Data show that Hennepin and Ramsey counties lost 27,000 residents to other parts of the country in 2021-2022
Census Bureau data released late last year showed that:
From mid-2021 to mid-2022, 19,400 Minnesota residents left for other states, by far the highest number in at least three decades.
This week, the Census Bureau released data showing how that breaks down by county.
Washington (2,381), Wright (2,041), and Sherburne (1,097) counties saw the biggest net gains in residents from other parts of the United States. The biggest losers were Ramsey (10,944) and Hennepin (15,738) counties which, between them, lost a net 26,682 residents to other part of the United States in 2021-2022. Indeed, excluding those two counties, Minnesota actually experienced a net inflow of residents from elsewhere in the United States of 7,282 in 2021-2022.
This was an improvement on the 31,833 net loss Hennepin and Ramsey counties experienced in 2020-2021 – which was generally attributed to COVID-19 – but it was still well above the 2,678 net loss of the year before the pandemic, 2019-2020.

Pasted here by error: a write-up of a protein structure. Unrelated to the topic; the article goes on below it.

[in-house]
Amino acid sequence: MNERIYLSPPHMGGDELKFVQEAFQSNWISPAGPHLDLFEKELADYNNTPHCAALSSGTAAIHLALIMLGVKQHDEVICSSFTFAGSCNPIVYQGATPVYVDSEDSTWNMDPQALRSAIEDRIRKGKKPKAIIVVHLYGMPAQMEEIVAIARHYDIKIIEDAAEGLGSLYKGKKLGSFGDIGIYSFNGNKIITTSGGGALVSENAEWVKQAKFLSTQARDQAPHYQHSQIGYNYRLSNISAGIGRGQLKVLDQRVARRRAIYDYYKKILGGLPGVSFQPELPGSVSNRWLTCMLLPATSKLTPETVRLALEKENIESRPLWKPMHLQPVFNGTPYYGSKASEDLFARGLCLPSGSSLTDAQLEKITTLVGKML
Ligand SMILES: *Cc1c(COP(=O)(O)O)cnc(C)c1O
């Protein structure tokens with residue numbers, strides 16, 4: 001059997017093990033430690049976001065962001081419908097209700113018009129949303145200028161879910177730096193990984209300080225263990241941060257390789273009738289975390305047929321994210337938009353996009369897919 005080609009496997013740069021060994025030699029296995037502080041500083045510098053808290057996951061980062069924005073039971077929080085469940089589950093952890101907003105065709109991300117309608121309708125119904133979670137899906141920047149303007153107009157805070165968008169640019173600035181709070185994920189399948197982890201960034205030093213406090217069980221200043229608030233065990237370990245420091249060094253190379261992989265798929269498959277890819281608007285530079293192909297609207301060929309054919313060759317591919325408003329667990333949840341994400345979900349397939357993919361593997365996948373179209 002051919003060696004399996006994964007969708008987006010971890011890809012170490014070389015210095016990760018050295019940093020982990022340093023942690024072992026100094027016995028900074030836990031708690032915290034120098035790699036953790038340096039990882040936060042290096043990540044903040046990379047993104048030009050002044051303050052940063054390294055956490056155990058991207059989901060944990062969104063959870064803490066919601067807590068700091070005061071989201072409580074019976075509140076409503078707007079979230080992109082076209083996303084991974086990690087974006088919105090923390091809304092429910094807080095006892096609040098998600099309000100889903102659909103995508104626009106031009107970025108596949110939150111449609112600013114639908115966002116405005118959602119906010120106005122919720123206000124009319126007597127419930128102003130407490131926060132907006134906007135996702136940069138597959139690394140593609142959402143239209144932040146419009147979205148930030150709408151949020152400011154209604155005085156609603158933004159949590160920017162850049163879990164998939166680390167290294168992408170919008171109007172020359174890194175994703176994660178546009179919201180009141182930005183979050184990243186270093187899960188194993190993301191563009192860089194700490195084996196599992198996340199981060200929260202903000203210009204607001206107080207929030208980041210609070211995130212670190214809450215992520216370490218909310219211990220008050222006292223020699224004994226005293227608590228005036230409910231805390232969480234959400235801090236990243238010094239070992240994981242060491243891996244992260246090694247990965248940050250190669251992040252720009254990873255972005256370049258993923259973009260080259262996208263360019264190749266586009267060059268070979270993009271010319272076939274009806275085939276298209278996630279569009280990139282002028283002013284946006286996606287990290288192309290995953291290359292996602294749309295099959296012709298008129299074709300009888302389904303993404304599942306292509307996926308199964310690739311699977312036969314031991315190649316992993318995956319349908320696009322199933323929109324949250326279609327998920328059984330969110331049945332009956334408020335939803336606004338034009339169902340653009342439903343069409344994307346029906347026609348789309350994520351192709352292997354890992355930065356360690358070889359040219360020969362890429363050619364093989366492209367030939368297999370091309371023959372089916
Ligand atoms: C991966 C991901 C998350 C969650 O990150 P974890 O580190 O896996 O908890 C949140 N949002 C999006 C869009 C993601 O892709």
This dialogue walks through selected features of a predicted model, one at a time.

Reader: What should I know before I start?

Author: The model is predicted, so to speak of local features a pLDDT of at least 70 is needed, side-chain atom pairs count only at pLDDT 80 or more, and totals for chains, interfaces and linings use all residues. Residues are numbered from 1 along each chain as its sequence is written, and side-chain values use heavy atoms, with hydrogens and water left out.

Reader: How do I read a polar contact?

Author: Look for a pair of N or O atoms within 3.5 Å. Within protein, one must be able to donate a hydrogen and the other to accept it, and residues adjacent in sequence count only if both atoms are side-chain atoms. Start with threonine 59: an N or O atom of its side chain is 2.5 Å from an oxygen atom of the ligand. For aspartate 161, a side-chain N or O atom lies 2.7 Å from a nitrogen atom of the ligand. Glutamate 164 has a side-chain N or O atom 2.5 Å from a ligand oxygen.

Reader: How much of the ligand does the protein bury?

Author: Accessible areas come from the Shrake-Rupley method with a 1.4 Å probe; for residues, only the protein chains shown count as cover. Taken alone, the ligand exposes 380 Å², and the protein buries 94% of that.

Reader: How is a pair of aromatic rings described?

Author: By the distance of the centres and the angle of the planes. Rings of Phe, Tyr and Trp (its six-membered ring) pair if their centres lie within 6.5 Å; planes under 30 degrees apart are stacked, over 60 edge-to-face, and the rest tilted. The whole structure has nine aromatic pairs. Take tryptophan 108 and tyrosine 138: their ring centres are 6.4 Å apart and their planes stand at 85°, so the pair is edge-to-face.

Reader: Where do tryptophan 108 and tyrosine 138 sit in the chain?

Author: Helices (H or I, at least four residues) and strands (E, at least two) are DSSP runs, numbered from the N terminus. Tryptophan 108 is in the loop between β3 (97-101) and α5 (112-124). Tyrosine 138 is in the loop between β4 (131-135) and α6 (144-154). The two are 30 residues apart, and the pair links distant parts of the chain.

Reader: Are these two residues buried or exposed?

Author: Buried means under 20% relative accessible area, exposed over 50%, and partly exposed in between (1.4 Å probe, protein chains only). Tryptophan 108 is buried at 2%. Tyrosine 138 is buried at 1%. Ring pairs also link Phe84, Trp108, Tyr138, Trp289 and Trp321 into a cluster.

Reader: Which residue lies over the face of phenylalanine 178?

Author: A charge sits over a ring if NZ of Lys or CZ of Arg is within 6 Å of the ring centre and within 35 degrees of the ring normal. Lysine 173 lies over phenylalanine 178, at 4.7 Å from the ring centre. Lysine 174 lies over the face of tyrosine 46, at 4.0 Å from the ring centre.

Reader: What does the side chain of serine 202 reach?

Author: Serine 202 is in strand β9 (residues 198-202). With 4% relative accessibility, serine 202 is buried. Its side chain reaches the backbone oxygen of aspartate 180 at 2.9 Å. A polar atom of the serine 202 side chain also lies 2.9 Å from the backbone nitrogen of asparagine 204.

Of Minnesota’s five Metropolitan Statistical Areas, only Duluth was a net gainer in domestic migrants in 2021-2022. So, also, was the non-metropolitan portion of the state.
Net domestic migration is just one component of population change. Overall, Hennepin County’s population fell last year by 6,615 (after falling by 14,832 the year previously) and the population of Ramsey County was down 6,448 (compared to a decline of 88,38 previously). The population of the seven county metro area fell by 5,425 from 2021 to 2022, following a fall of 10,494 the previous year. This does not bode well for the Metropolitan Council’s population forecasts, which have the metro population rising by 293,000 from 2021 to 2030, with a positive figure for net domestic migration of 10,000 over that period.
The Twin Cities are a vital economic engine for Minnesota and it is bad news for our state that they are now somewhere that people are keen to flee in reasonably large numbers. Their decline will have consequences across Minnesota.